Longtime readers know I bristle at the (frequently self-proclaimed) assumption of SEC dominance in college football, though after six consecutive BCS championships, holding on to that skepticism usually leaves me feeling like Henry Fonda at the beginning of "12 Angry Men." All the evidence points to the same conclusion, except where it doesn't.
But the narrative left the "critical" phase in the dust a long time ago. Even Big Ten commissioner Jim Delany has seen fit to concede on-field superiority to the SEC the last two years, despite his league's perfectly respectable record head-to-head. (Aside from Ohio State's back-to-back flops in the 2007-08 championship games, Big Ten teams have won nine games against SEC foes and lost ten since the beginning of the SEC's championship run in 2006, and have won at least one January bowl game against the SEC all six years.) At this point, it's almost a self-fulfilling prophecy: Why are there two SEC teams in the championship game? Because the SEC is so good! Why does everyone assume the SEC is so good? Well, what other conference could put two teams in the championship game?
The answer, of course, is that none of them could; they don't have the reputation. And though the SEC skeptics may lament, say, the arbitrary exclusion of Oklahoma State in favor of Alabama… or the fact that the 2007 and 2008 championships claimed by LSU and Florida, respectively, could have both been reasonably split at least four different ways… or that Alabama got an impotent zombie version of Texas after Colt McCoy's early shoulder injury in 2009… it's blindingly obvious that that only one thing can reverse the tidal wave of opinion: Someone else to win the BCS Championship Game. It may not be the best way to measure conference superiority — in fact, considering it's just one team among a dozen, playing in just one game among hundreds, it's probably one of the worst — but it's obviously the only one anyone seems to care about.
That assumption may hold just as true whether an SEC team actually loses the championship game or not. In 2012, the end of the reign is just as likely to come from within the conference from without. LSU may be the consensus favorite to top the preseason polls this summer, but the Tigers are facing a new starting quarterback and a significant exodus of talent to the NFL. Between them, LSU and Alabama will somewhere in the neighborhood of a dozen players taken in April's draft, the vast majority of them in the first two rounds. Arkansas is replacing virtually its entire receiving corps and the better half of its already-mediocre defense. South Carolina has no passing game; Georgia has lost nine straight against teams that finished in the final polls. Auburn and Florida and both starting over with new coordinators and no notable stars on either side of the ball.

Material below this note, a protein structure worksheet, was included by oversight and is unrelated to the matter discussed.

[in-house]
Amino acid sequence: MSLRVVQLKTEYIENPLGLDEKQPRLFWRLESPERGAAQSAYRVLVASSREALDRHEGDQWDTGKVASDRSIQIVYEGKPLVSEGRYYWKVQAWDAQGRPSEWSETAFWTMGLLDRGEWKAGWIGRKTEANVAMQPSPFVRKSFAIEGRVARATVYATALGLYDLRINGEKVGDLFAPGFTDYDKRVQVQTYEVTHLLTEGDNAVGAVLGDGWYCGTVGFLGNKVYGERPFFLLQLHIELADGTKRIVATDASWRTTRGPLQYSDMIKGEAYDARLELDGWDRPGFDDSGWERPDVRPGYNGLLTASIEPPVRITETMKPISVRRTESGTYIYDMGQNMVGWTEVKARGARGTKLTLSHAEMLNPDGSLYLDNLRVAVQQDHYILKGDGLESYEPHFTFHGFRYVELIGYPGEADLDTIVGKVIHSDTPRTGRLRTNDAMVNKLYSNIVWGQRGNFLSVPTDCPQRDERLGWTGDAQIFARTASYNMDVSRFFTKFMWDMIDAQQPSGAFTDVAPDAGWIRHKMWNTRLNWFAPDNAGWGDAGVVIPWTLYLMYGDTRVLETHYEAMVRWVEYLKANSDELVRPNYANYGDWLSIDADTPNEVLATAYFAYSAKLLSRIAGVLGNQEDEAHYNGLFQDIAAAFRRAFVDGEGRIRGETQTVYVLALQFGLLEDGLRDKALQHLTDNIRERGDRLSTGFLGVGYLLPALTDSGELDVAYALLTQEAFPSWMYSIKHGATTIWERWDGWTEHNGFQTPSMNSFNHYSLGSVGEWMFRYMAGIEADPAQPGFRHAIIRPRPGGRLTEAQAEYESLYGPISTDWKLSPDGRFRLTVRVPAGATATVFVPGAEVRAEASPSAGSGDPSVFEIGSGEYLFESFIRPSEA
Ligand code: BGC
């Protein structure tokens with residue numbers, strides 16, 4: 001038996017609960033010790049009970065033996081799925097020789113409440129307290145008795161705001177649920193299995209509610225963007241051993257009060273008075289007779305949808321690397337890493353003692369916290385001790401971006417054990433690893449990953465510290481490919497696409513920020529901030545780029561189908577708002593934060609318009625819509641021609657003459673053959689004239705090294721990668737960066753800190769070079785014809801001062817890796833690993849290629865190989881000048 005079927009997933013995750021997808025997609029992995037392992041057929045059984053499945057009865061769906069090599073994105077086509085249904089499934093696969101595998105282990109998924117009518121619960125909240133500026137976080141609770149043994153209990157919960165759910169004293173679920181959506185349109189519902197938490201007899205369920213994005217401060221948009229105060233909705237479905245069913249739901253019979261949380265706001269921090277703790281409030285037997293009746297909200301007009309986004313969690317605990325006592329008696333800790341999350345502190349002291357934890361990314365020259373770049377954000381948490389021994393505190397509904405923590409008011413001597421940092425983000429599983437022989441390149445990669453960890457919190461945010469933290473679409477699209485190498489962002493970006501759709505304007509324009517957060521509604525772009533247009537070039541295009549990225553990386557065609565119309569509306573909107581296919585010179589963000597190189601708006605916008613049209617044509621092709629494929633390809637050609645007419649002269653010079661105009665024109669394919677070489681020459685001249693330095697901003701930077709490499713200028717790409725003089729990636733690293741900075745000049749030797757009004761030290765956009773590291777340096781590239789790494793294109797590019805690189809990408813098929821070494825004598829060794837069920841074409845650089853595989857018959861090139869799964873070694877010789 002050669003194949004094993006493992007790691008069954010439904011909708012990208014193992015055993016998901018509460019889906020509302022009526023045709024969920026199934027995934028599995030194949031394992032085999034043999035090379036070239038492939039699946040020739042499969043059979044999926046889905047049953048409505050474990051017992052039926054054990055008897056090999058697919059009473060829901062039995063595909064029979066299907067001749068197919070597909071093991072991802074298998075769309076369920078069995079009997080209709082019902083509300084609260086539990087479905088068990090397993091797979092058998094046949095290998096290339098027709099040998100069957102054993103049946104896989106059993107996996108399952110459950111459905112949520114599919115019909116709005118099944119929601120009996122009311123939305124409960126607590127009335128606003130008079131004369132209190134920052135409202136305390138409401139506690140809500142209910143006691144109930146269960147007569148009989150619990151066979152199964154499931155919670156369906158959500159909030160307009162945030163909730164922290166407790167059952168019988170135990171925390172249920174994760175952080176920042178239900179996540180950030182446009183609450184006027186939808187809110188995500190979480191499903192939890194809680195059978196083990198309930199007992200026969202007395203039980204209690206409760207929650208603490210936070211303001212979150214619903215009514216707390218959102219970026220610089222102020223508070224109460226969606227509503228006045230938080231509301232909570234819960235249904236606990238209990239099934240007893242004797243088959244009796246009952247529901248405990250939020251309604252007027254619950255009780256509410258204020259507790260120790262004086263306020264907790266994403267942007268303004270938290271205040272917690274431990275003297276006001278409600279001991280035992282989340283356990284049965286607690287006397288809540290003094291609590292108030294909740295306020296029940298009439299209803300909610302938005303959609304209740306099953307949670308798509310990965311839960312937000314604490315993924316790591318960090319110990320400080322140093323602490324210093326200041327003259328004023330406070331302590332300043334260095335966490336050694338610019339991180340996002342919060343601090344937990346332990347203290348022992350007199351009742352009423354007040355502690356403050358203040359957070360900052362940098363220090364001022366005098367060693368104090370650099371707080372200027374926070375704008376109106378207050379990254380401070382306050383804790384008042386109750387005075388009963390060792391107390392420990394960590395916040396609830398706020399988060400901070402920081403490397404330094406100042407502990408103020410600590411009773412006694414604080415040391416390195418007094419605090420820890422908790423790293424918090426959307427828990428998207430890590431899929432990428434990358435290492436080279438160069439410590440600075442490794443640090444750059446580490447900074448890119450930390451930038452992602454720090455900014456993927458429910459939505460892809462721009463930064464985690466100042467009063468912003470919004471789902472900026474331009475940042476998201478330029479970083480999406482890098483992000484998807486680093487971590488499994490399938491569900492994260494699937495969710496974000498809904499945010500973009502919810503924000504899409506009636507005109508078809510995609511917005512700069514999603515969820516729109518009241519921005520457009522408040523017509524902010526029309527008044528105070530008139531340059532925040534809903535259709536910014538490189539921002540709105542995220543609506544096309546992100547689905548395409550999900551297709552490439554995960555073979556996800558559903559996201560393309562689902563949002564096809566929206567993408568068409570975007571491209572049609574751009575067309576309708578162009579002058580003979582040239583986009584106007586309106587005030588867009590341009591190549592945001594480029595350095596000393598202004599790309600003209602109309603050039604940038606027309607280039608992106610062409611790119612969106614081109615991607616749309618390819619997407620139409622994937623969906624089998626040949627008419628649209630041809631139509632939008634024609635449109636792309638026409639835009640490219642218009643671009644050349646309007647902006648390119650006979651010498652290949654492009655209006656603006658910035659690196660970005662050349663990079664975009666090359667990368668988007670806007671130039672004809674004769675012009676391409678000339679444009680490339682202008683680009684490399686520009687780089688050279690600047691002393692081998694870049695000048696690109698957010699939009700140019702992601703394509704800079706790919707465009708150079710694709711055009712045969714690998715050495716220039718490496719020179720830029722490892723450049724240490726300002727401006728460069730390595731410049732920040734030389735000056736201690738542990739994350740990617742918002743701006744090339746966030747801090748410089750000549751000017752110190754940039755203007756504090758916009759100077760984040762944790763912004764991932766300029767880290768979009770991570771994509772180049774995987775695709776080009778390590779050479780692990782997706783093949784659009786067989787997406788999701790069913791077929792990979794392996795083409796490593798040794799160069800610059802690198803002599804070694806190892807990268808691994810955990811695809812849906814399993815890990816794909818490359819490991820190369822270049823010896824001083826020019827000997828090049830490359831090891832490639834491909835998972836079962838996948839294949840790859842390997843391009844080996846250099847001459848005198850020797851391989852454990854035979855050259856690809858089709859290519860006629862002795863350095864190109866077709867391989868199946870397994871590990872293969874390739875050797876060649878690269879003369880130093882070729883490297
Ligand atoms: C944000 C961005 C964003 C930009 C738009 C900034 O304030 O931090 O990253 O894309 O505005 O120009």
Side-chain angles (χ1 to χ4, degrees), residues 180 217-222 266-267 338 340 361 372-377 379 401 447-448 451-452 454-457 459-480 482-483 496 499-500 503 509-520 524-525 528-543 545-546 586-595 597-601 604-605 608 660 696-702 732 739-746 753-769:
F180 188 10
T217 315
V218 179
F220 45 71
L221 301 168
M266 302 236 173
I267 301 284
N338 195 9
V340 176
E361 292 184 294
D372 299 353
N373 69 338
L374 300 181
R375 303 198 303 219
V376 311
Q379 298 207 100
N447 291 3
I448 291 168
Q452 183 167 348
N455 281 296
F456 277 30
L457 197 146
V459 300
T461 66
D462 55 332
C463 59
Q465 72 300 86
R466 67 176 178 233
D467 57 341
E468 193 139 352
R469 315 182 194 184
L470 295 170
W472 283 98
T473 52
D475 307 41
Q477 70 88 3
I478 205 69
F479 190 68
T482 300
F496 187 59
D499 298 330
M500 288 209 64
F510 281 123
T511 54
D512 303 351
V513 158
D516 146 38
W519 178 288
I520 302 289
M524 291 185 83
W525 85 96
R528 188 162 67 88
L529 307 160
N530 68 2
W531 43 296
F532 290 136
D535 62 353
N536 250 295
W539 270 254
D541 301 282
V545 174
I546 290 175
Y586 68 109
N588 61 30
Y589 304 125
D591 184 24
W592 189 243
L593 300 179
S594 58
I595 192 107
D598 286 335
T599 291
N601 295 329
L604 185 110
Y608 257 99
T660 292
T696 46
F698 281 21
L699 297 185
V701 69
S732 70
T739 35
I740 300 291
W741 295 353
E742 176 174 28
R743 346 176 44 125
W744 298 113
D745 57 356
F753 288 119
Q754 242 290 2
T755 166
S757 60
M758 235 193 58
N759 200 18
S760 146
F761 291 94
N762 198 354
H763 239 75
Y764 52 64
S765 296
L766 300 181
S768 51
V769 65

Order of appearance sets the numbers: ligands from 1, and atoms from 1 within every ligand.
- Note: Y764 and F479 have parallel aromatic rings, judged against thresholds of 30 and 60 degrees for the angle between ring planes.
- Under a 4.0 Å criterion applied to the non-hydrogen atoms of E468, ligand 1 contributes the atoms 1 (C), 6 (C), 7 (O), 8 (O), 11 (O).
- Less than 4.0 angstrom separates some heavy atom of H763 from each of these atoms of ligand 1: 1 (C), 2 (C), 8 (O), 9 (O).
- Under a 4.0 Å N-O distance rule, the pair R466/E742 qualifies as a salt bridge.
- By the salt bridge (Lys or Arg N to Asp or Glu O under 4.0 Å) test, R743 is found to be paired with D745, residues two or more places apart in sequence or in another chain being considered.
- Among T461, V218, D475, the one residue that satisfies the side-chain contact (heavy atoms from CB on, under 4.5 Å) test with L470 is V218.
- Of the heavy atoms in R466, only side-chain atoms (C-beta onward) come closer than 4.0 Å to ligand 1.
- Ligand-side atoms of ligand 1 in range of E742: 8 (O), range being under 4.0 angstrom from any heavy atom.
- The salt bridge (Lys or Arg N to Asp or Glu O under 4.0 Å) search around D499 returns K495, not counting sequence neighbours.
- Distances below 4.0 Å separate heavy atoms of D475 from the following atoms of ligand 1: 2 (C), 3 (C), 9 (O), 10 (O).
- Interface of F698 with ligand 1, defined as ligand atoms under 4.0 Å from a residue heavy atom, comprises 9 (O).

Along with newcomers Missouri and Texas A&M, that may well add up to better depth than the conference has boasted in years. But there is no team — even LSU, undisputed king of the "pre-preseason" polls — that looks invulnerable or destined to run the table. At some point, the carousel of powerhouses must give way to parity, and this may be the year that the SEC goes back to eating its own.
If it's not, the contenders from outside the conference aren't necessarily any more inspiring, with the possible exception of USC and golden boy quarterback Matt Barkley, the likes of whom no SEC defense faced in 2011 and probably will not face in 2012 unless one of them draws the Trojans in the championship game. Oregon has dynamic playmakers but is also replacing a key veteran in every position group. Oklahoma was ravaged on defense. Boise State, Oklahoma State and Stanford are nowhere to be found in the national discussion after losing their prolific quarterbacks and the cores of the greatest multi-year runs in their respective histories. Ohio State may be back as the best team in the Big Ten, but it's ineligible for anything that might make it official. Florida State is… well, Florida State.
One way or another, someone in that group is going to emerge as the next challenger to the throne by next winter, at which point conference affiliation will be utterly irrelevant (as always) to which side actually takes home the title with the better game in Miami on Jan. 7. It will mean everything, however, to the ongoing, chest-thumping narrative of SEC superiority. Until then, the beat is only going to keep getting louder.